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Mar 17

Melodee’s Rules for Authors — Number Twenty-Two

 

 

Number Twenty-Two

Write What Will Sell

 

I know, I know…

Everyone who writes for a living should know this, but it seems everyday there are examples proving that’s not the case.

At this point, we do need to draw a distinction between the types of writers as the industry sees things. Generally speaking, there are two kinds:

(1) First we have the professionals. These are people who are trying to make a living writing, though they may not be able to quit that day job yet. They are published by a real publisher—usually more than one—and they work at the craft to get better and widen their markets. Some are also self-published. In the industry, we call these people “Authors”.

(2) Second are the people who play with writing. The vast majority are not published, though many will self-publish through one outlet or another. They have a “real job” and do not count on their works for income. Most of these people don’t worry too much about the market or improving their skills or their works. In the industry, these are “Writers”.

Personally, I never cared a lot for the industry’s separation of Authors and Writers. But it doesn’t matter what I like. That’s the way it is.

Also, if you actually do write for the fun of it, then none of this applies to you. But don’t try to distract the people who want to write for a living with comments about how everyone should be like you. In other words, not everyone is able or happy making four or five figures a year and having a few hundred fans.

To be blunt, the Writers can stop reading now. The rest of this doesn’t matter to you.

You Authors, keep reading…we’re gonna make some money today.

I can assure you there is at least one person reading this who has no idea why it is important to write what will sell. For the rest of you, skip the next paragraph…

You can write the best book on the planet, but if no one buys it, you’re going broke. Everyone points at the success of JK Rowling, but imagine for a moment that no one wanted to hear about a bunch of wizard-trainees…Jo would still be broke.

OK, everyone back with me?

Watch the market…what books are selling? What genres are hot? What are other authors writing? What are the publishers buying? What are the bookstores pushing?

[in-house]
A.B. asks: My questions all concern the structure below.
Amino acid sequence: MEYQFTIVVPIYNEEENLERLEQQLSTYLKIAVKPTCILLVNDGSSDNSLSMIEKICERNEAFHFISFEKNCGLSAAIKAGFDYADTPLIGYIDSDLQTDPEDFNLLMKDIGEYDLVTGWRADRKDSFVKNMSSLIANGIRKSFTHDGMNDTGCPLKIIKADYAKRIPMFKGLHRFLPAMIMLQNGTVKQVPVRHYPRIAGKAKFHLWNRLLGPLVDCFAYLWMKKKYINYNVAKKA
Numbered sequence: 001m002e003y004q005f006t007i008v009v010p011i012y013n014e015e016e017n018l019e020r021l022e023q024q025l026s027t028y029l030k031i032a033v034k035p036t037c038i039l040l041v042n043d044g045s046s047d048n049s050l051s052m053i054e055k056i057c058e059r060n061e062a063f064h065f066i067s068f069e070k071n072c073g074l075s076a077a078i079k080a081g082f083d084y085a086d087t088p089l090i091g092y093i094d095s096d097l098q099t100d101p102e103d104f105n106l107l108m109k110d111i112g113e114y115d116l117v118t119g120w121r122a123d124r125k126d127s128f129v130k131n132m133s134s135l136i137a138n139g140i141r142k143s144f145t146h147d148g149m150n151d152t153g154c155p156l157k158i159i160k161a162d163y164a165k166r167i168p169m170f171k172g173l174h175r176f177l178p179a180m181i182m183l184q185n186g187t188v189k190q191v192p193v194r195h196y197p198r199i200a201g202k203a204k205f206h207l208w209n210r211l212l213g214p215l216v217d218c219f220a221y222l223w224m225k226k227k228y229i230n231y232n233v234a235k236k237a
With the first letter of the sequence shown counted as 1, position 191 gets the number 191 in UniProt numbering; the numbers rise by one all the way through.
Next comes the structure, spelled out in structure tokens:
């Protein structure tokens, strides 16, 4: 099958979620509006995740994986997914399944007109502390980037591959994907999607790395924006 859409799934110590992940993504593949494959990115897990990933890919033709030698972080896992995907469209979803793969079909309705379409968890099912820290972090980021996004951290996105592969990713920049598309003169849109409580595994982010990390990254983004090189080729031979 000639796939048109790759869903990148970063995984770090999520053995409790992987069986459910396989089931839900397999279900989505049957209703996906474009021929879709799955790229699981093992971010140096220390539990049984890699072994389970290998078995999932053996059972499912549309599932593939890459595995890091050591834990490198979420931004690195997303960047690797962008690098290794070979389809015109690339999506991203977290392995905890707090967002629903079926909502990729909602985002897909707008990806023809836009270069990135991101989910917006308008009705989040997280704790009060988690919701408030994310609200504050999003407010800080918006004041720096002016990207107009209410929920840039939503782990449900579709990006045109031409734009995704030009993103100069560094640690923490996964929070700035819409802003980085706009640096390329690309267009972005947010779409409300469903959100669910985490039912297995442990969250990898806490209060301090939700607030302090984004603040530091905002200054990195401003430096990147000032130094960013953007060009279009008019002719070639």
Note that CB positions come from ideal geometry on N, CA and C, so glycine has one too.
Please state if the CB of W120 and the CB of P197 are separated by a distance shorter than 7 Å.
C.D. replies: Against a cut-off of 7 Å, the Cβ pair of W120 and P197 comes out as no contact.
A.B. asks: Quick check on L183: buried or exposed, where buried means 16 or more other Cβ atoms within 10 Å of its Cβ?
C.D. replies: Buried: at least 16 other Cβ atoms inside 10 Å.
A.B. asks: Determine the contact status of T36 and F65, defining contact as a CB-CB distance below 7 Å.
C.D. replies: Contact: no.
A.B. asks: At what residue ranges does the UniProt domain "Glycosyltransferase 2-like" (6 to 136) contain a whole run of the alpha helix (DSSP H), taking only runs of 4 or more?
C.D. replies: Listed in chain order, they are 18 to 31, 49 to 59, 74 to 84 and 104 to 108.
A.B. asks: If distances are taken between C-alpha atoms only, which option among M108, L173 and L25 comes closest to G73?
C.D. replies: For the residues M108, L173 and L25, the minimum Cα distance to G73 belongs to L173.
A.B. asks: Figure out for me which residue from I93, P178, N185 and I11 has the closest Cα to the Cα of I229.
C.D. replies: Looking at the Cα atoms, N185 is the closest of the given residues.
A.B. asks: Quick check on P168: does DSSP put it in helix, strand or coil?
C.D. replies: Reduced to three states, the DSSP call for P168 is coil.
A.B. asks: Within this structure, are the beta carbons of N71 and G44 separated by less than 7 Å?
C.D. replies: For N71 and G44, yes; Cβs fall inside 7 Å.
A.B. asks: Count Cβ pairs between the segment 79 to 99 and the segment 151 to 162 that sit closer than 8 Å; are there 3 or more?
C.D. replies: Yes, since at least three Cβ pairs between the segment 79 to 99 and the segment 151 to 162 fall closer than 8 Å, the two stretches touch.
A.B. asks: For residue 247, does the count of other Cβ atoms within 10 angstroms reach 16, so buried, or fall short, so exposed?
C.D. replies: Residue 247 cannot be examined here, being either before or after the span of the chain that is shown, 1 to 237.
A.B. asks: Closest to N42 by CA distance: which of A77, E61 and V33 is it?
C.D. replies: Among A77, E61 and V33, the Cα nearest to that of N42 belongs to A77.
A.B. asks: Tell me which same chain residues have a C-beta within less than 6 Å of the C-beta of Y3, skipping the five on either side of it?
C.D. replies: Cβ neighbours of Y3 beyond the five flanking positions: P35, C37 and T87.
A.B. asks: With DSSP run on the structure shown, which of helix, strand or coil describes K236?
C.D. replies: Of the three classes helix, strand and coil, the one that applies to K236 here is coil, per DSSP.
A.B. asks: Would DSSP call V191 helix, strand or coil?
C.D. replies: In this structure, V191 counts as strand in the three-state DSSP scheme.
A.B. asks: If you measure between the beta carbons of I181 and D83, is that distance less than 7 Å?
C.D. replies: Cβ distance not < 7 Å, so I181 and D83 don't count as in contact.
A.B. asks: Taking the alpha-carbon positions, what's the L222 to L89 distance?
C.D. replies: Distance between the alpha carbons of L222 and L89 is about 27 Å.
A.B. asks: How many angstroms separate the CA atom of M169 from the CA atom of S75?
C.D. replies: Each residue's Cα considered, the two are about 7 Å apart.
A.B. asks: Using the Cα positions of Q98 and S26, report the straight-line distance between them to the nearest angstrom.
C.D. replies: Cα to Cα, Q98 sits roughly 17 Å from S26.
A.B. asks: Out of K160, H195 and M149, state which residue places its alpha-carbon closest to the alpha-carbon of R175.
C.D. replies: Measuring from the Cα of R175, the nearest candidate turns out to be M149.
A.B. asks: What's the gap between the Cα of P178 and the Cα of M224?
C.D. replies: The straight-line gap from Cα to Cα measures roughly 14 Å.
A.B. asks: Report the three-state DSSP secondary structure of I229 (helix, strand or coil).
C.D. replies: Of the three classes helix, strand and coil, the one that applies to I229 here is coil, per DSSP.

These are the areas where you need to work, too. Ride the wave, so to speak, and reap the rewards.

If you were like the Writers, you could say, “I write what I want to write, and the readers can go to hell if they don’t like it.” Just don’t quit that day job, because you’ll starve to death.

But you are an Author, not a Writer. The difference is having a four or five digit income instead of a seven or eight figure income.

And don’t think for a moment that you—or anyone else—has any clue how much other authors make. Authors are privately held corporations and do not report incomes to anyone. A few will give out vague—often fictitious—numbers when asked. The bottom line is that how much I make is none of your damn business.

Anyway, you look at what is selling and put your own unique twist to the story, your voice comes through, and your books will stand out.

In other words, you do not have to write stories that are far outside of the current hot spots in order to get noticed. You just have to make the hot spot fit your way of doing things.

Readers fall into a few very well defined groups…

(1) You have readers who like you and your stories and will buy a dog turd if it has your name on the front and picture on the back. Maybe 0.0001% of all readers are here.

(2) You have readers who hate you and wouldn’t buy your books if God ordered them to. Again, this group might be 0.0001% of all readers.

(3) But most readers have never heard of you or your books. This group is—for most authors—better than 99.9998% of all readers.

Just to make it clear, 99.9998% or more of the readers have no clue who you are and they buy books based on what is hot in the market right now.

So, you write a new book, and it’s something that isn’t on the hot sheet now. The readers in group 1 above will buy it, but that’s about it.

Now, you write a book that is something that is hot at the moment. The group 1 readers will still buy it, but so will at least a few people in group 3.

No, the readers in group 2 will never buy your books. Fuck ’em.

But with the hot topic book, you pick up some sales. Also, some people from group 3 will fall in love with you and move over to group 1.

This is a win-win scenario.

Figuring out the market can be a lot of work, and it always takes a lot of time. This is where having a good partner can be invaluable.

An agent might—maybe—provide you some feedback and advice. Most won’t.

A representative will always tell you what’s happening in the market. As soon as you turn in a manuscript, they will let you know what’s cooking right now and for the next few months so you can adjust your next book accordingly.

Just a note here…a REALLY good personal assistant will be able to do a lot of this, too. But the good ones don’t come cheap. You’re looking at probably $100,000 a year if not more.

The agent will leave you to fend for yourself, but the representative will help you so you can do what you do best…

Write.

Keep Loving!

 

 

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